Inside SXSW’s New iBeacon Strategy. Hint: They Were Everywhere – Event Marketer

Inside SXSW’s New iBeacon Strategy. Hint: They Were Everywhere – Event Marketer

Inside SXSW’s New iBeacon Strategy. Hint: They Were Everywhere

sxsw_ibeacon2_2015South by Southwest, and its conference and festivals spanning music, film and interactivity, is known for pushing boundaries and introducing trends. Especially when it comes to technology. At this year’s SXSW technology was, in a sense, omnipresent as organizers conducted what they called the largest deployment of iBeacons yet at an event.

More than 1,000 proximity beacons were placed in and around hundreds of SXSW venues during its run, March 13-22, forming what were essentially micro-locations all over Austin. Working with the official app SXSW GO 2015, handled by Eventbase, along with partners Gimbal, RightRound and Urban Airship, the program was designed to enable attendees to make frictionless and relevant connections to content and to other people, based on where they were located.

“SXSW has always been about discovery—new brands, new films, new technology, and discovering new business connections,” says Scott Wilcox, director-technology at SXSW. “Instead of just walking up to someone and hoping that you might have something in common, our attendees were able to discover the people nearby that can help them further their business goals. We think that helped make for a wonderfully productive experience.”

How does it work? iBeacons, as Apple coined them, utilize Bluetooth low energy (BLE)—different from regular Bluetooth in that it involves small bursts of information designed specifically to not drain a device battery. About the size of a deck of cards, beacons transmit a signal that can reach up to 150 feet. A phone hears the signal and reacts to it, even if it’s in a pocket—and even if an event app isn’t open. Also referred to as proximity beacons, the notifications pushed to a phone are location-based. And, unlike GPS technology, it works indoors. All you have to do is switch on the device’s Bluetooth setting and opt-in.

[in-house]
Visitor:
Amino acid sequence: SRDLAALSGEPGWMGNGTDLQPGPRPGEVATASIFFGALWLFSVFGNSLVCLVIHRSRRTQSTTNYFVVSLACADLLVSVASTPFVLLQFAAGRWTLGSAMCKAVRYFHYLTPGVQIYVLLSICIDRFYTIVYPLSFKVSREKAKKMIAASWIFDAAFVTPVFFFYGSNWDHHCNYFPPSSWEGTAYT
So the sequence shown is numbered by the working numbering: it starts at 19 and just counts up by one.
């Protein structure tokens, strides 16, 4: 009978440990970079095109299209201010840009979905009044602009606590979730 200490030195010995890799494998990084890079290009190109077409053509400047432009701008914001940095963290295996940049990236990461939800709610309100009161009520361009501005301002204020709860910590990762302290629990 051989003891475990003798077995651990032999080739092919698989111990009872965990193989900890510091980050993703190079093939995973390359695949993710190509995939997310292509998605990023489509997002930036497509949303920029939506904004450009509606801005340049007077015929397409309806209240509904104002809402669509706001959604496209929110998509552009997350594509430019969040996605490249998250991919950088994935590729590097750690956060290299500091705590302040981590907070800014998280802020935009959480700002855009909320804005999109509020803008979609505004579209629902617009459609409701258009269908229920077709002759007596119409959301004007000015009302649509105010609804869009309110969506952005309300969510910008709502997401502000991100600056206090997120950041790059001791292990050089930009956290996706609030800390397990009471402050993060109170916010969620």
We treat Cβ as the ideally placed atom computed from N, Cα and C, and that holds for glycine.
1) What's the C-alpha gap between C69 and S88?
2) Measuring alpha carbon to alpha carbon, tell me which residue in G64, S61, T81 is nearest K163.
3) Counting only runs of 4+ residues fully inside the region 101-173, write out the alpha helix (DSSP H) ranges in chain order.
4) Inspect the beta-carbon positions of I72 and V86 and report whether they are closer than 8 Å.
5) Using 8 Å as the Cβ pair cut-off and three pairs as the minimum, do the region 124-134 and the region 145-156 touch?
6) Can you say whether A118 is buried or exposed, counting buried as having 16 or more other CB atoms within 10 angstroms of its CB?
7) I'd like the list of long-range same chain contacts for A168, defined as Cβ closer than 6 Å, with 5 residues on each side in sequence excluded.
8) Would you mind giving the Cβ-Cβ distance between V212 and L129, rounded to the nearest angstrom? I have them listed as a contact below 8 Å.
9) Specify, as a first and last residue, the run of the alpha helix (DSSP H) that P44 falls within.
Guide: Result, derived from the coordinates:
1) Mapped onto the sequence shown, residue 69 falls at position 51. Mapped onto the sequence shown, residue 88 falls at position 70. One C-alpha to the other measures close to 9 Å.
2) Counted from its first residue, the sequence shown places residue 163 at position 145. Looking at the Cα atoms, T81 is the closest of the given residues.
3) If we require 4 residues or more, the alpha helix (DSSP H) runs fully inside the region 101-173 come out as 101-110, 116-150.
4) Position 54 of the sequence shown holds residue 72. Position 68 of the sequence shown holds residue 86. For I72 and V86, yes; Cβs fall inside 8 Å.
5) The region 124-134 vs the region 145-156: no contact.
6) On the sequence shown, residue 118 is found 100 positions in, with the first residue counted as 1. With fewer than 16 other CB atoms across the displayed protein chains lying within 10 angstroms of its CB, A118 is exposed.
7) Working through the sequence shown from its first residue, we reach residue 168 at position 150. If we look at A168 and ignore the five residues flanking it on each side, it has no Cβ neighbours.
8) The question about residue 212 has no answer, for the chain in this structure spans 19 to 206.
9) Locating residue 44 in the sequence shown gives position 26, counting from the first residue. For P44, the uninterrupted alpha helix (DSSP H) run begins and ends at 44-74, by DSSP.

Here, three beacon-based program highlights from SXSW:

Relevant networking

A key feature of the iBeacon deployment was the attendee-networking tool called SXsocial. When attendees walked into a room, a beacon transmitted a notification to their phone, asking if they’d like to check in and see who else was in the room. From there, they received a scroll of profiles of people in the room with similar interests, based on tags (event, mobile, etc.) people selected for their profiles using the “Attendee Match” feature in the official event app.

Schedule notifications

In addition to a prompt asking people to check in, when attendees entered a venue they also instantly received a notification of what’s on via the “Around Me” feature. This included what bands were playing at the time, what films were being screened, or what sessions were about to go on. While this is all information that is included in the app, the beacons delivered it seamlessly without users having to seek it out.

Audience engagement

Beacons also instantly asked attendees to join discussions in session rooms via the “Session Live” feature. Attendees entering the session room received an alert that asked them to check in and join a chat thread, or answer real-time poll questions, as well as see tweets coming in related to that session-specific hashtag. This removed the need for a speaker to spend the time to prompt attendees to comment or engage. Instead, the iBeacons let attendees plug in instantly. Frictionless, you bet.

This story appeared in the April 2015 issue
Rachel Boucher
Posted by Rachel Boucher

Rachel joined Event Marketer in 2012 and today serves as the magazine's executive editor. Her travels covering the experiential marketing in dustry have ranged from CES in Las Vegas to Spring Break in Panama City Beach, Florida (it's never too late)—and everywhere in between.
View all articles by Rachel Boucher →

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